Next, I ask myself what’s in my control and what’s out of my control. Much of the time we stress about things that are out of our control (e.g. earthquakes, ending up alone, being judged by others), and it’s exhausting. Ask yourself what’s in your control and what’s out of your control. If what you’re stressing about is out of your control, try to let go and sit in that uncertainty with compassion.
Then, I ask myself “What’s the worst that’s going to happen?” Often we create a catastrophe in our minds about what might happen if we don’t get into the program/complete the project/lose the weight/pay the bill/etc. Rarely do we actually play out the likely scenarios. Yes, maybe you’ll have to reapply. Maybe you get reprimanded by your boss. Maybe you won’t fit into the dress you were hoping to wear to the wedding. But can you live with that? Often there’s more stress around the unknown than the known, so play out the scenarios and you might find they’re actually less catastrophic than you previously believed.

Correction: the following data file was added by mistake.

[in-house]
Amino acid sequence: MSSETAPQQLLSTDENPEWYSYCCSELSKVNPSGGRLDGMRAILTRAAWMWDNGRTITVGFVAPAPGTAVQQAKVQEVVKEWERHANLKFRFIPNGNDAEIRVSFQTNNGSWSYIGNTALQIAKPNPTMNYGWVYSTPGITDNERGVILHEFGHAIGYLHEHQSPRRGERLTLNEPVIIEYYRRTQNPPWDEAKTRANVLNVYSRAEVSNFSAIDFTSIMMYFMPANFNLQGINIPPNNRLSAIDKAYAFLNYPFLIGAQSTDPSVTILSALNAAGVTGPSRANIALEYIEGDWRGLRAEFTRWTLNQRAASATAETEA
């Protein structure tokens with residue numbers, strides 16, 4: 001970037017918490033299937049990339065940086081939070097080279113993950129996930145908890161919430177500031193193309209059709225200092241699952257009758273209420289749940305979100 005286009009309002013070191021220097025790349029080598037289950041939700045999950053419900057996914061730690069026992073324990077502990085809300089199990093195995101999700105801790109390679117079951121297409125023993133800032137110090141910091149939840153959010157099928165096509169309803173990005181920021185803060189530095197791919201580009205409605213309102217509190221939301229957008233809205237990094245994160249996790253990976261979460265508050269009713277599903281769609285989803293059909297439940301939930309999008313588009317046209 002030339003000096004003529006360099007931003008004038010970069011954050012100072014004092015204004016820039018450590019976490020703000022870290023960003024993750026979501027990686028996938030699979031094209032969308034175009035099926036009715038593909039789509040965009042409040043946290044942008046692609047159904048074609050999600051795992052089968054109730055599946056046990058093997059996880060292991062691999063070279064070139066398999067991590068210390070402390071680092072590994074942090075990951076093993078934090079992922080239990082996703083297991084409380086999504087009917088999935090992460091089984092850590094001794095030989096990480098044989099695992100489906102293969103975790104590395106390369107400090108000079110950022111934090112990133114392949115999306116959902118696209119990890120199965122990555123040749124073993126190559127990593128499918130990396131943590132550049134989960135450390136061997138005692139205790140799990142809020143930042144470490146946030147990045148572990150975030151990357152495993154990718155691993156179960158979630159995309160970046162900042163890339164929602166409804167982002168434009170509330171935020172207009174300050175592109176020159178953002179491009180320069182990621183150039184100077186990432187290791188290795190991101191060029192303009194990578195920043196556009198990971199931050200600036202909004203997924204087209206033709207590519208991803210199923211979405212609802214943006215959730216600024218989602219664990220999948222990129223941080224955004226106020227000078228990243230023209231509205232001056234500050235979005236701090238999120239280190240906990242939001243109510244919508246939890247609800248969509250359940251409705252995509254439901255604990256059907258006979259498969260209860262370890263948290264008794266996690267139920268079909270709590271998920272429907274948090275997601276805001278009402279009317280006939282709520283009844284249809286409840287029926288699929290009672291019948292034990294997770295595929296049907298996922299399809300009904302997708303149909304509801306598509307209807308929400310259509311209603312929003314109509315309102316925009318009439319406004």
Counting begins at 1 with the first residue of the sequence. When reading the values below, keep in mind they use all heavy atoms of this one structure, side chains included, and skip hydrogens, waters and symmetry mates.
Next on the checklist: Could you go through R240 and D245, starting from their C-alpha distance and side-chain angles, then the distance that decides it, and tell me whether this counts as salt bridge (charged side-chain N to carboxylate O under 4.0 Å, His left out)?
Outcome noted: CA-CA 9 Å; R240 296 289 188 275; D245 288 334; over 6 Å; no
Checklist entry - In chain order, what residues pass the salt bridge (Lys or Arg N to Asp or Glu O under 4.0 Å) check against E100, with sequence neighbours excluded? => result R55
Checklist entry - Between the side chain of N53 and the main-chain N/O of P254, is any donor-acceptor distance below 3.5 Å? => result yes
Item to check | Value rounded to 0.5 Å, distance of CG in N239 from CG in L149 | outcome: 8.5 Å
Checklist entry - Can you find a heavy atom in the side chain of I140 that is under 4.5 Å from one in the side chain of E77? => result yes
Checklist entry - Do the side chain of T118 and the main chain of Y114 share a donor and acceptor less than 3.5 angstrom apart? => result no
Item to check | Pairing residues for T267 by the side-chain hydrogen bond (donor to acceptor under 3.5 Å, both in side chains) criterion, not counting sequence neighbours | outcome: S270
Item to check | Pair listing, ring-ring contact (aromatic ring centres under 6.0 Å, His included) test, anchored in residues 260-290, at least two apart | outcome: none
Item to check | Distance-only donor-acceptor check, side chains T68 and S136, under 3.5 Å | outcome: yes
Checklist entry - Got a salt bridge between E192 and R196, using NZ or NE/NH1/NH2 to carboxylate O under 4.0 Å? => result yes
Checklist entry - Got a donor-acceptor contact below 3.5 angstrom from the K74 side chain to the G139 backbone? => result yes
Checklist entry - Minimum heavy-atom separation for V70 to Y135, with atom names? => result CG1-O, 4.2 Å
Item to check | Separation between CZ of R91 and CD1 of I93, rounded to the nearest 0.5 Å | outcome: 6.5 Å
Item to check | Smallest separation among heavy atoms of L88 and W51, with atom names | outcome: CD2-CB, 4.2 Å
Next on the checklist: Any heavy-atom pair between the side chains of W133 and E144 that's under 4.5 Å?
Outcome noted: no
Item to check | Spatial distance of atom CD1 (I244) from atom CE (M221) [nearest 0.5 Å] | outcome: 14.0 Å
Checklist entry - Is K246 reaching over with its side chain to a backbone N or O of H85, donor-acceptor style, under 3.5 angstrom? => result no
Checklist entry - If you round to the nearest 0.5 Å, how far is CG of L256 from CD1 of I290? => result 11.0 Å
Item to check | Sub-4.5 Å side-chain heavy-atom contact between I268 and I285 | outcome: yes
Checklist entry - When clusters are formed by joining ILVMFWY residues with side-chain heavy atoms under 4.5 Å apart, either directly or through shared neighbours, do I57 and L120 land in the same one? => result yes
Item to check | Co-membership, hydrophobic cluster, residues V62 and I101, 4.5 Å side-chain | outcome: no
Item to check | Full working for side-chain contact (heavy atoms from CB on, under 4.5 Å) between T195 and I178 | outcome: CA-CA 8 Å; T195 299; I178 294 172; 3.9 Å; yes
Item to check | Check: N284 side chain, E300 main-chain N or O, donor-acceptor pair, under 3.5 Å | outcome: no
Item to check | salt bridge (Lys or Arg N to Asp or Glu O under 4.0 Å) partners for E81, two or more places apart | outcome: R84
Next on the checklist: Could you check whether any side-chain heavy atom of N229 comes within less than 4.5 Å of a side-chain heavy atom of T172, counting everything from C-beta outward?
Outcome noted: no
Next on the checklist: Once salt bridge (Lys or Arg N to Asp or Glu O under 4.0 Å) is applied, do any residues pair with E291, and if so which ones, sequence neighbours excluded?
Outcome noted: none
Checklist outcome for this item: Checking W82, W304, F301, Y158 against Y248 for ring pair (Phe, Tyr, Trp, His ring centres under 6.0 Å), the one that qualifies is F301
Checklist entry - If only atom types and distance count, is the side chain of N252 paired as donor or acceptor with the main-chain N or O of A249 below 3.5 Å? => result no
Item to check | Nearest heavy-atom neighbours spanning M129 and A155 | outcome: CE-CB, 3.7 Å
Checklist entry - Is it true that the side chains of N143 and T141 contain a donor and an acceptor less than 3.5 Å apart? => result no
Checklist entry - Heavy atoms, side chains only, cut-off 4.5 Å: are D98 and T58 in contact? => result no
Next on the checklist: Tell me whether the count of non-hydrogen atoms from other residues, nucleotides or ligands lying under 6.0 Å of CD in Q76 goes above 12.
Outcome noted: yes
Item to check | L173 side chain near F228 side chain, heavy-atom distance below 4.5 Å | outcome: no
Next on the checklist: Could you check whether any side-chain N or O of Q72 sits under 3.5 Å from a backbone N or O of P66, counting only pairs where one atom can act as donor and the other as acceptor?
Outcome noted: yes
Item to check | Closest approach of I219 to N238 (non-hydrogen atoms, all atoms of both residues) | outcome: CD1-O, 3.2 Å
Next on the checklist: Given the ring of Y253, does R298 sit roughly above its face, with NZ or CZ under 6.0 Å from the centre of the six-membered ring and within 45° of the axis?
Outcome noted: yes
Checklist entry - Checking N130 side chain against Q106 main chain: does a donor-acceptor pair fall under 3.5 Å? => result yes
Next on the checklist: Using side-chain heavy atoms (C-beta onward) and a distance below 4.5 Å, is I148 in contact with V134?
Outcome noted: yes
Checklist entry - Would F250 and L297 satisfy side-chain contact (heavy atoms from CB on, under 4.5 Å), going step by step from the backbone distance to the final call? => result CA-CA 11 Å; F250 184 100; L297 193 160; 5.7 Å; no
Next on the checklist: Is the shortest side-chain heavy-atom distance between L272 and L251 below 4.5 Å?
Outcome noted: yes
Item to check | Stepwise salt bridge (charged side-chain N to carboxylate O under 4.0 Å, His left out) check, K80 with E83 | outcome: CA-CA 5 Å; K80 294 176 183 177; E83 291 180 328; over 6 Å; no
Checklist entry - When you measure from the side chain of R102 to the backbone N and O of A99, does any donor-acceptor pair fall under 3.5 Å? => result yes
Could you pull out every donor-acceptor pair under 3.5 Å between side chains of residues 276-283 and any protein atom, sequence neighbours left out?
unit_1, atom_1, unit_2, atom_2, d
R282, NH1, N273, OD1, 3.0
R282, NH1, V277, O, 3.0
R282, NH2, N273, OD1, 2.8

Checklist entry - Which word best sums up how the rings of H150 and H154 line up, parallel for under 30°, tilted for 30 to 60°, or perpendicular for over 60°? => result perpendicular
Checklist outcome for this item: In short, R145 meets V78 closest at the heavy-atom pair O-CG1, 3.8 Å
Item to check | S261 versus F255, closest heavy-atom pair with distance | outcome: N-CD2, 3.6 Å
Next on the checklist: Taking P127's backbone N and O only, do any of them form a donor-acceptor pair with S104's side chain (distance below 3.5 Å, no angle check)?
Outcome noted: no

Finally, I practice mindfulness. I focus on my breath, the sights around me, a mantra like “Anicca” (impermanence), or do a few sun salutations. I ensure I practice non-judgment and compassion while doing so. All the while, I remind myself that reality is subjective, I have the freedom to spend mine how I choose, and I give myself permission to be in the moment. Personally, I find these strategies helpful in changing transforming debilitating stress into more productive stress
#42 Dana Claudat
Modern Feng Shui Master, Designer, Art & Wellness Curator
When I am overwhelmed or over-scheduled, you will find me cleaning my house. Dusting, mopping and washing the windows is one of my automatic ways to get more focus. Its like active meditation. On the subject of meditation, my Buddhist practice of chanting is what I increase as my stress increases! It seems like a paradox, but one of the ways I unwind is to elevate the energy of the day out of a place of stress and into excitement.
On a holistic level, drinking powdered magnesium (a teaspoon of Natural Calm in a cup of hot water) has been my never-fail physical stress soother, along with green smoothies (I drink blended kale, collard or spinach with fruit for extra nutrient energy). I take lots of salt baths (sea salt, pink salt and my classic Epsom salt in a hot tub filled with water and a teaspoon of vitamin c crystals to dissipate the chlorine in the water), and also break out my journal when I realize its time to dispel the toxic ideas and body by-products of stress.